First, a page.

Mursi hails 'fruitful' talks with Saudi king

Egyptian president discusses Syria, Gulf security with King Abdullah - but economic matters are also high on the agenda.

Saudi Arabia's Abdullah welcomes Egypt's Morsi (photo credit: reuters)
Saudi Arabia's Abdullah welcomes Egypt's Morsi
(photo credit: reuters)
In his first international visit since taking office, Egyptian president Mohamed Mursi said his talks with Saudi Arabia’s King Abdullah had been “fruitful” and had covered bilateral relations, Gulf security and Syria, the Saudi Press Agency reported on Thursday.
Though the news agency provided few details about the discussions between the two leaders, it cited Mursi as praising King Abdullah for showing “wisdom, love and knowledge of the Egyptian people.”
Mursi said that the stability of the region depended on that of Egypt and the Gulf, particularly Saudi Arabia.
Meanwhile, however, both the Saudi and Egyptian press reported Thursday that Cairo’s much-needed economic ties with the oil-rich kingdom were also high on the agenda for Egypt’s new president during his Saudi visit.
Egypt needs ties with Saudi Arabia to help overcome its economic difficulties. After the Egyptian revolution last year, Riyadh pledged a $4 billion assistance package, in the form of long-term loans and grants, to assist Egypt in propping up its failing economy.
Saudi Arabia has also offered additional assistance, including $1b. to Egypt’s Central Bank, according to MENA, Egypt’s state news agency.
Meanwhile, the Saudi Okaz newspaper on Thursday cited an interview with Egyptian Planning and International Cooperation Minister Dr. Faiza Aboul-Naga, who said that Cairo placed great importance on its relations with Riyadh – again noting the significant aid package Saudi Arabia had given Egypt.
Egyptian Foreign Trade and Industry Minister Mahmoud Issa also told the Saudi paper that Mursi’s visit was a “significant milestone in the history of the special relationship” between the two countries, adding that Egyptian-Saudi trade was very important to his country.
Issa said Mursi wanted Saudis to invest more in Egypt, adding that Cairo would provide assurances and security for Saudi investors.
Meanwhile, the Saudiowned, London-based Asharq Alawsat newspaper said Thursday that Mursi intended to discuss the issue of facilitating investment procedures for Saudi businessmen in Egypt, including government support for small and medium projects.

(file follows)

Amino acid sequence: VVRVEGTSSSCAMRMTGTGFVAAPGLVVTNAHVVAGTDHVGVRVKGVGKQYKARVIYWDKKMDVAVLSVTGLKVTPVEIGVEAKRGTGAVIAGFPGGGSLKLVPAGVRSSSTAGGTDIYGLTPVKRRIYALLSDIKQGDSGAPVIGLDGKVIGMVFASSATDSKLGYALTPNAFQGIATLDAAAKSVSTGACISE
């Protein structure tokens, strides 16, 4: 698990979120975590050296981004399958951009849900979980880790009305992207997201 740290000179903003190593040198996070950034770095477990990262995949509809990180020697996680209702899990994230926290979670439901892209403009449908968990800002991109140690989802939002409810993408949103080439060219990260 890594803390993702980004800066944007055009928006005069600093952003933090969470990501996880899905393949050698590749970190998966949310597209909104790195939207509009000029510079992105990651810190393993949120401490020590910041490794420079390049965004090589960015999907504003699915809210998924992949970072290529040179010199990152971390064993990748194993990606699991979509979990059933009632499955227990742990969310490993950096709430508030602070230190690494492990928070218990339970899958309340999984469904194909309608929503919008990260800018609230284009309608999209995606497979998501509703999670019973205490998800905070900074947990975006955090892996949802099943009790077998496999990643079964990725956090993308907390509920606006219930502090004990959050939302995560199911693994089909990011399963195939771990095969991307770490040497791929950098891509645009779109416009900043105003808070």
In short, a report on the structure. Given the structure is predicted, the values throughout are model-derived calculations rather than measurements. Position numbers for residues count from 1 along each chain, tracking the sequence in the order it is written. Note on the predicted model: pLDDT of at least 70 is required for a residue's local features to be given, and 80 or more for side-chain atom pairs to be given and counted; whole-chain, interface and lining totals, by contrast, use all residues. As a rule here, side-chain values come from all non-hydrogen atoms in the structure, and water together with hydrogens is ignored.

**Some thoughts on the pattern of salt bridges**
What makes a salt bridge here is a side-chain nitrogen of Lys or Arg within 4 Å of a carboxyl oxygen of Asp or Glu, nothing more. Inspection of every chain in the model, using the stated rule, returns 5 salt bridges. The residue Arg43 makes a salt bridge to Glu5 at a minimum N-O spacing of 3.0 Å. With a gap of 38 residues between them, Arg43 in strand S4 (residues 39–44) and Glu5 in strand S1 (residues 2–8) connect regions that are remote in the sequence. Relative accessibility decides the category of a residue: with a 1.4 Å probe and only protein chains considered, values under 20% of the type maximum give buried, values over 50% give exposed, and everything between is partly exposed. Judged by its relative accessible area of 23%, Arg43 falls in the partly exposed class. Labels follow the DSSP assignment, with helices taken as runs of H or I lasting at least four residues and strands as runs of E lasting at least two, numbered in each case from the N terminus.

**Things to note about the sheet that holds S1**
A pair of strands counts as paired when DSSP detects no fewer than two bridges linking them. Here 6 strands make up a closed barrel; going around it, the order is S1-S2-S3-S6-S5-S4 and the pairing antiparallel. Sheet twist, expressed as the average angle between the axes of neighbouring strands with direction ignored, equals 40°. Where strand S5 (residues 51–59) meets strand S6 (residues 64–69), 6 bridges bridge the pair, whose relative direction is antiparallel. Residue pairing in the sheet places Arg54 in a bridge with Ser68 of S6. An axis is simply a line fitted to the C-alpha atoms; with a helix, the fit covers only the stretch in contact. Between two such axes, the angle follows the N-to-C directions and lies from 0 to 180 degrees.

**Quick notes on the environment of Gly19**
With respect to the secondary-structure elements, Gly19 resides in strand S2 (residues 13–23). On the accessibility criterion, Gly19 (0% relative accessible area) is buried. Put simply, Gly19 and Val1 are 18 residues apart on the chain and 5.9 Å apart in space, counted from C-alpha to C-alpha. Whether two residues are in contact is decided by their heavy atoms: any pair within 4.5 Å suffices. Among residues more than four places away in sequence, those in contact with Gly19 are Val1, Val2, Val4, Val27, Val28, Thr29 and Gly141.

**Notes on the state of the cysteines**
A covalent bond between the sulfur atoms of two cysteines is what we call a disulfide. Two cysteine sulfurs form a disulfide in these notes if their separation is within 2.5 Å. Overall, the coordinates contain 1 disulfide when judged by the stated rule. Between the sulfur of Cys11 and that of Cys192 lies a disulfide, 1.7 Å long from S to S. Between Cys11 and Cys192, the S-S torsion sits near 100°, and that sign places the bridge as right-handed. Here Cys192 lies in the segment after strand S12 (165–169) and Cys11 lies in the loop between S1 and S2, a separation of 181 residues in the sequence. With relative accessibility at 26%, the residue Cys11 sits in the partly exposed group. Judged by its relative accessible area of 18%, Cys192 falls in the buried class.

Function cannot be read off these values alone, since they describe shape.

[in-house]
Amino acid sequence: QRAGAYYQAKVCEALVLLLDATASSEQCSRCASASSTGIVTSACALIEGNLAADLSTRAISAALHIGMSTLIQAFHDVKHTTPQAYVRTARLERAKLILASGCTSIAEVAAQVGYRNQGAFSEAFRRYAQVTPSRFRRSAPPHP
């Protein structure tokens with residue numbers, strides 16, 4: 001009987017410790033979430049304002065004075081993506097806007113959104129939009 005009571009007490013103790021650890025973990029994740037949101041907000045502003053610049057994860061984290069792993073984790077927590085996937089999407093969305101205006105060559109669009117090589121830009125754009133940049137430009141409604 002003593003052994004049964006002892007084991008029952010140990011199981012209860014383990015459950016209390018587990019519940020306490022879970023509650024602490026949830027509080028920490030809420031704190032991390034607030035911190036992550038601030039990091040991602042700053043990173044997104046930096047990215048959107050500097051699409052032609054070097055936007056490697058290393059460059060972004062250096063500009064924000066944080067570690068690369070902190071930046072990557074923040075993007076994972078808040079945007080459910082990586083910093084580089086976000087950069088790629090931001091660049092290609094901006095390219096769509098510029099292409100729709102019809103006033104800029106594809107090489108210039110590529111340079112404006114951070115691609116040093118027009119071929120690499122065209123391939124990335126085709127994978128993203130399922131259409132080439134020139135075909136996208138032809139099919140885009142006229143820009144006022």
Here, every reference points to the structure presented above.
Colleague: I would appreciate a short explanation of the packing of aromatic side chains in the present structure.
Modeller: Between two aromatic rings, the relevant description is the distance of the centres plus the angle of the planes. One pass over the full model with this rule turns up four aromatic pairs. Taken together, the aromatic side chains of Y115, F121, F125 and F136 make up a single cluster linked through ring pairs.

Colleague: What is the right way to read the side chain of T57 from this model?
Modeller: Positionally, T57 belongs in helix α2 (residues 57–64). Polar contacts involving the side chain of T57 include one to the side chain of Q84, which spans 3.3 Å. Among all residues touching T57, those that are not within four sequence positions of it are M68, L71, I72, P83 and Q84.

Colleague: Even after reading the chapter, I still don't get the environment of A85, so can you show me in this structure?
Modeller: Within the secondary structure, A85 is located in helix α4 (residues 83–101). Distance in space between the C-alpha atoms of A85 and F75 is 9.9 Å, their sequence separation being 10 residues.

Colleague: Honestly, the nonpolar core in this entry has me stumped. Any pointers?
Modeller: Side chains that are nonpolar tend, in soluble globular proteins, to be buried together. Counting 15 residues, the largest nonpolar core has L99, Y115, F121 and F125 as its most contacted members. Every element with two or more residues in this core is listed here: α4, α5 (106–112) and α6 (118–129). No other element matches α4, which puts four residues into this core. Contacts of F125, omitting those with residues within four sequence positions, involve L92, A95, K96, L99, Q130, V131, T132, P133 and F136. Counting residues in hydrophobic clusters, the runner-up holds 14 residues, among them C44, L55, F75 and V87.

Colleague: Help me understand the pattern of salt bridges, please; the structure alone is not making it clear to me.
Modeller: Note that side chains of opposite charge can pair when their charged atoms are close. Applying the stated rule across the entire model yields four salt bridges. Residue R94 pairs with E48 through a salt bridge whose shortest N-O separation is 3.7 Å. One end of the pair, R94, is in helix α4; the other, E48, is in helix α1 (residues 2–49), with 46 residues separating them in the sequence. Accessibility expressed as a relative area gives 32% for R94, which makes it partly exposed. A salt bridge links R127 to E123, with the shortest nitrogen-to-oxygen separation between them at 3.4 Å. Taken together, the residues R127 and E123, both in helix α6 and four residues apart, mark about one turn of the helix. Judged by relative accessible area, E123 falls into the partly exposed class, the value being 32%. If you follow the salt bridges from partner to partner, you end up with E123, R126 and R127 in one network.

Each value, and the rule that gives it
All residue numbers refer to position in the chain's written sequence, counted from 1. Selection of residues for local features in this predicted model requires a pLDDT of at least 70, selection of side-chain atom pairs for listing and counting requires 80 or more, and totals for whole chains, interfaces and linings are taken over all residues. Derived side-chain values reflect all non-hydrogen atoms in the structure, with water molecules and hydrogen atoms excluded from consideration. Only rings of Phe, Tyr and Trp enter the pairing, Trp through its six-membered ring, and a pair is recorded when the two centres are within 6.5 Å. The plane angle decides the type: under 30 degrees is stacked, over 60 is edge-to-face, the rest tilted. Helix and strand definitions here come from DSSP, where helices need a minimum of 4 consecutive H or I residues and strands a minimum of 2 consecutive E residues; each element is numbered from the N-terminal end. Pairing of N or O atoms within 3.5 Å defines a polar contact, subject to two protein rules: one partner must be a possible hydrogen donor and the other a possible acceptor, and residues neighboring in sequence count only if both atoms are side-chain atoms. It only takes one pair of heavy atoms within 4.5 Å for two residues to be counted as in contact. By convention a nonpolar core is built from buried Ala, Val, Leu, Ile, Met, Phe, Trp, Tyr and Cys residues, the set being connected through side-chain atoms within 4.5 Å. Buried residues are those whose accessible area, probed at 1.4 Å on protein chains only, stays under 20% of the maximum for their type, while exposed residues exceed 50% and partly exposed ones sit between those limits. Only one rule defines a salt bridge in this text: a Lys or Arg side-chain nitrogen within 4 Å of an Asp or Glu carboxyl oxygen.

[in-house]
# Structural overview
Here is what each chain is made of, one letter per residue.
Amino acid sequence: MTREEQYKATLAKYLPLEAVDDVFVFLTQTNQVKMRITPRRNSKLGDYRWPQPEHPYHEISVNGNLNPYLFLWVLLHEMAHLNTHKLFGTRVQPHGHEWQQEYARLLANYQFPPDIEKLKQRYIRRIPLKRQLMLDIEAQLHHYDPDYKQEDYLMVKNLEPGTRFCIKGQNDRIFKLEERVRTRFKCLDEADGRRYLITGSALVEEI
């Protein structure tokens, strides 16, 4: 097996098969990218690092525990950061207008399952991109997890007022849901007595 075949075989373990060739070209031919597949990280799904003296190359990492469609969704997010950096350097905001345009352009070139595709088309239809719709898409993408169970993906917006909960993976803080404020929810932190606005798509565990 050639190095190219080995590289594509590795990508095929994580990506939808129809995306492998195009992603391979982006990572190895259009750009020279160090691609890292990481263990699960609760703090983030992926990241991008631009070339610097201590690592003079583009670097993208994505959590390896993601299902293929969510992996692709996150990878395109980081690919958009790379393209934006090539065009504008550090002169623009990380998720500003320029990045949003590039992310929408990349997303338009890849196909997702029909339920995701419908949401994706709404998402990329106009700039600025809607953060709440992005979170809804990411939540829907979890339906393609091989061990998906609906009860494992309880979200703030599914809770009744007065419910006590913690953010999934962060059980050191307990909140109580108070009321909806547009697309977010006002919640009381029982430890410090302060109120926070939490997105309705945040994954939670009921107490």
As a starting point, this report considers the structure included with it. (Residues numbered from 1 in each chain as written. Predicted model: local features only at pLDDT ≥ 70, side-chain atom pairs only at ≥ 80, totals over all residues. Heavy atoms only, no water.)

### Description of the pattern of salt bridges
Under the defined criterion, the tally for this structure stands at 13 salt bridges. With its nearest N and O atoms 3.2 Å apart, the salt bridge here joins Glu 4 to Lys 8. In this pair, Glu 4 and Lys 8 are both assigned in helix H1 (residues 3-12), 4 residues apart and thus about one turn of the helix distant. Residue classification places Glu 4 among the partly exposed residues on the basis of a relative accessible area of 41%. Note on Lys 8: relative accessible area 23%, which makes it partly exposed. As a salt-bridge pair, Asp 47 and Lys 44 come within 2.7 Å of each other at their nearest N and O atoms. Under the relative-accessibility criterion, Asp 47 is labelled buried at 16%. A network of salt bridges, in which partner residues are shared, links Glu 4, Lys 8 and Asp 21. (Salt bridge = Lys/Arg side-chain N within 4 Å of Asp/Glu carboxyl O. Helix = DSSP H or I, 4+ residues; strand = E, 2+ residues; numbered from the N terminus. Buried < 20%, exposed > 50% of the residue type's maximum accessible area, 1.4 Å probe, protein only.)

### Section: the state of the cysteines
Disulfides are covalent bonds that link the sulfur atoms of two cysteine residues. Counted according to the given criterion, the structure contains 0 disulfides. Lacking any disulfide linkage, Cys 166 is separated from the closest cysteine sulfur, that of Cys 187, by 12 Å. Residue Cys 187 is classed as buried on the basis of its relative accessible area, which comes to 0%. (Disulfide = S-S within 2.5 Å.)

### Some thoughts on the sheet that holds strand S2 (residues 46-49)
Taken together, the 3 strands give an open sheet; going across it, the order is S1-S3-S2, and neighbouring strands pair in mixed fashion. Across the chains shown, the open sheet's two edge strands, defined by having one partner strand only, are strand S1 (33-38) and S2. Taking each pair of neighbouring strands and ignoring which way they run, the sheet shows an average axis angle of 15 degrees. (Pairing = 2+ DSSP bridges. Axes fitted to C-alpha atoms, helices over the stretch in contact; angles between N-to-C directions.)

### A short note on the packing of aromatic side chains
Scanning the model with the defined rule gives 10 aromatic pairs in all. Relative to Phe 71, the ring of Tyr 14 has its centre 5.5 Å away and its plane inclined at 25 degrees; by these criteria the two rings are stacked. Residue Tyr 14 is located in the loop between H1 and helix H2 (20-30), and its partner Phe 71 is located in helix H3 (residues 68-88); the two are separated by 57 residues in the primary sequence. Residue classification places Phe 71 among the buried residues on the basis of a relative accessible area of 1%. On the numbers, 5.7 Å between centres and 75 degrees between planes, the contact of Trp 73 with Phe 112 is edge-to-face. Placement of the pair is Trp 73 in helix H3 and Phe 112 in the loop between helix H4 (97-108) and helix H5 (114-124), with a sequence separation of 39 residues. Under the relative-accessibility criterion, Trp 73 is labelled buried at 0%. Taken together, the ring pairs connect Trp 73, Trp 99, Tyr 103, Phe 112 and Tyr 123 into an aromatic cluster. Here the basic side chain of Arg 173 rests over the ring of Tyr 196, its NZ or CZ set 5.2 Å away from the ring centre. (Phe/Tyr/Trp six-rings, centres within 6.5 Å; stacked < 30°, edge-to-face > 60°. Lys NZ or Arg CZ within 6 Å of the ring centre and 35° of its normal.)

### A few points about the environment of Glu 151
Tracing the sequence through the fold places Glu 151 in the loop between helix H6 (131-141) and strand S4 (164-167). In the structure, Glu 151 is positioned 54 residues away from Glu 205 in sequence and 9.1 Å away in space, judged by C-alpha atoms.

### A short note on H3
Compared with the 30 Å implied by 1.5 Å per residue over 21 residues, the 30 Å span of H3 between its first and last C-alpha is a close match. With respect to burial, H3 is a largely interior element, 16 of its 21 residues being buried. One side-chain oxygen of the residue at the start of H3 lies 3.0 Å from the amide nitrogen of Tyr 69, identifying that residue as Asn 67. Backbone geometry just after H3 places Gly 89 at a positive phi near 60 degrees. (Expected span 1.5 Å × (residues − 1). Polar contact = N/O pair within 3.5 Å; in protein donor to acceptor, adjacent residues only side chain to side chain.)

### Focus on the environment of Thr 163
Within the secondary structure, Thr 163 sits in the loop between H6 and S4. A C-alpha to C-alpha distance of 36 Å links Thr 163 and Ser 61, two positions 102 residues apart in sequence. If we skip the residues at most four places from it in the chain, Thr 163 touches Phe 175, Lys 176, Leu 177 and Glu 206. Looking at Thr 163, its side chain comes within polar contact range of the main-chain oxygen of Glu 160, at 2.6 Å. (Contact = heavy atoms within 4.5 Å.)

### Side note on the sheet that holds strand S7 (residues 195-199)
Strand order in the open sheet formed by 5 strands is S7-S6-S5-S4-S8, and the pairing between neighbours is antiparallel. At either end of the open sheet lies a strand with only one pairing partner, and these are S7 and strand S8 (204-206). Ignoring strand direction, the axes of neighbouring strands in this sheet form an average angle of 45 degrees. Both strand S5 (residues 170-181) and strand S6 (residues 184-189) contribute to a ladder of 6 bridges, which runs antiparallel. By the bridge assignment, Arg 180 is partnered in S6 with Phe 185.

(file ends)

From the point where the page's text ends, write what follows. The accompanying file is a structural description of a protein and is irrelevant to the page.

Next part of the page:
During his short trip to Saudi Arabia, Mursi also focused on Egyptian expatriates in Saudi Arabia, and the contribution they could make to Egypt’s economy.
Dr. Said Yahya, president of the Board of Directors of the Egyptian community in west and south Saudi Arabia, told Asharq Alawsat that Mursi’s visit would cement the foundations of understanding between the two countries.
Approximately 1.5 million Egyptian expatriates work in Saudi Arabia, and – significantly – many voted for Mursi in Egypt’s presidential runoff elections.
On Thursday, Mursi called for Egyptian expatriates to invest in their homeland.
Speaking at a meeting in the Egyptian Consulate in Jeddah with Egyptian nationals living in Saudi Arabia, the newly elected president said that worldwide there are around 10 million Egyptians living and working abroad.
Mursi reassured the Jeddah delegation, which included Egyptian businessmen, academics and doctors, that “the doors are open for safe investment.”
The audience chanted slogans in support of Mursi, according to Egyptian daily Al- Masry Al-Youm, including “Lift your head up, you’re Egyptian” – the chant of victory in Tahrir Square during the Egyptian revolution.
In an editorial on Wednesday, the paper said Mursi’s choice of Riyadh for his first official visit was highly significant, particularly in the wake of the Arab Spring, because it signified that Mursi’s foreign policy strategy was to further Egypt’s national security and strategic interests, regardless of the Muslim Brotherhood’s ideology.
The Gulf states, including Saudi Arabia, have expressed fears about the Brotherhood’s growing influence in Egypt.
Earlier this year, Dubai police chief Dhahi Khalfan Tamim accused the group of plotting to take over Gulf states.
Mursi’s visit could convince the Saudis that Egypt can play a vital role in the region, and that a strategic partnership between the two countries would curb Iran’s regional aspirations, Al-Masry al-Youm said.
Saudi Arabia severed ties with Cairo in 1979, when Egypt signed the Camp David peace accords with Israel. The two countries restored diplomatic relations in 1987 and enjoyed close ties during former president Hosni Mubarak’s time in office.
However, relations between Cairo and Riyadh were tested in April after Egyptians protested the detention of Egyptian human rights attorney Ahmed Mohammed al-Gizawi in Saudi Arabia. The protests let to Saudi Arabia announcing the closure of its embassy in Cairo and its consulates in Alexandria and Suez.
The newly elected Egyptian president’s visit to Saudi Arabia comes even as the exact extent of his powers remains unclear, and amid a struggle with Egypt’s judges and the military over the Islamist-dominated lower house of parliament. In a move last month that was strongly opposed by the Brotherhood, the Supreme Council of the Armed Forces issued a decree dissolving the lower house of Parliment, after the Supreme Constitutional Court ruled that a third of MPs had been elected illegally.
After Mursi decided Sunday to reconvene parliament, the court said that it holds “exclusive jurisdiction over the constitutionality of laws.” On Wednesday, before his Saudi visit, Mursi said he would negotiate with other wings of government on the matter.
Meanwhile, later on Thursday, the Saudi Press Agency reported that after his meeting with King Abdullah, Mursi visited Mecca in order to perform the Umrah pilgrimage. Unlike the Haj, which must be undertaken at a specific time, Umrah can be undertaken at any time of year.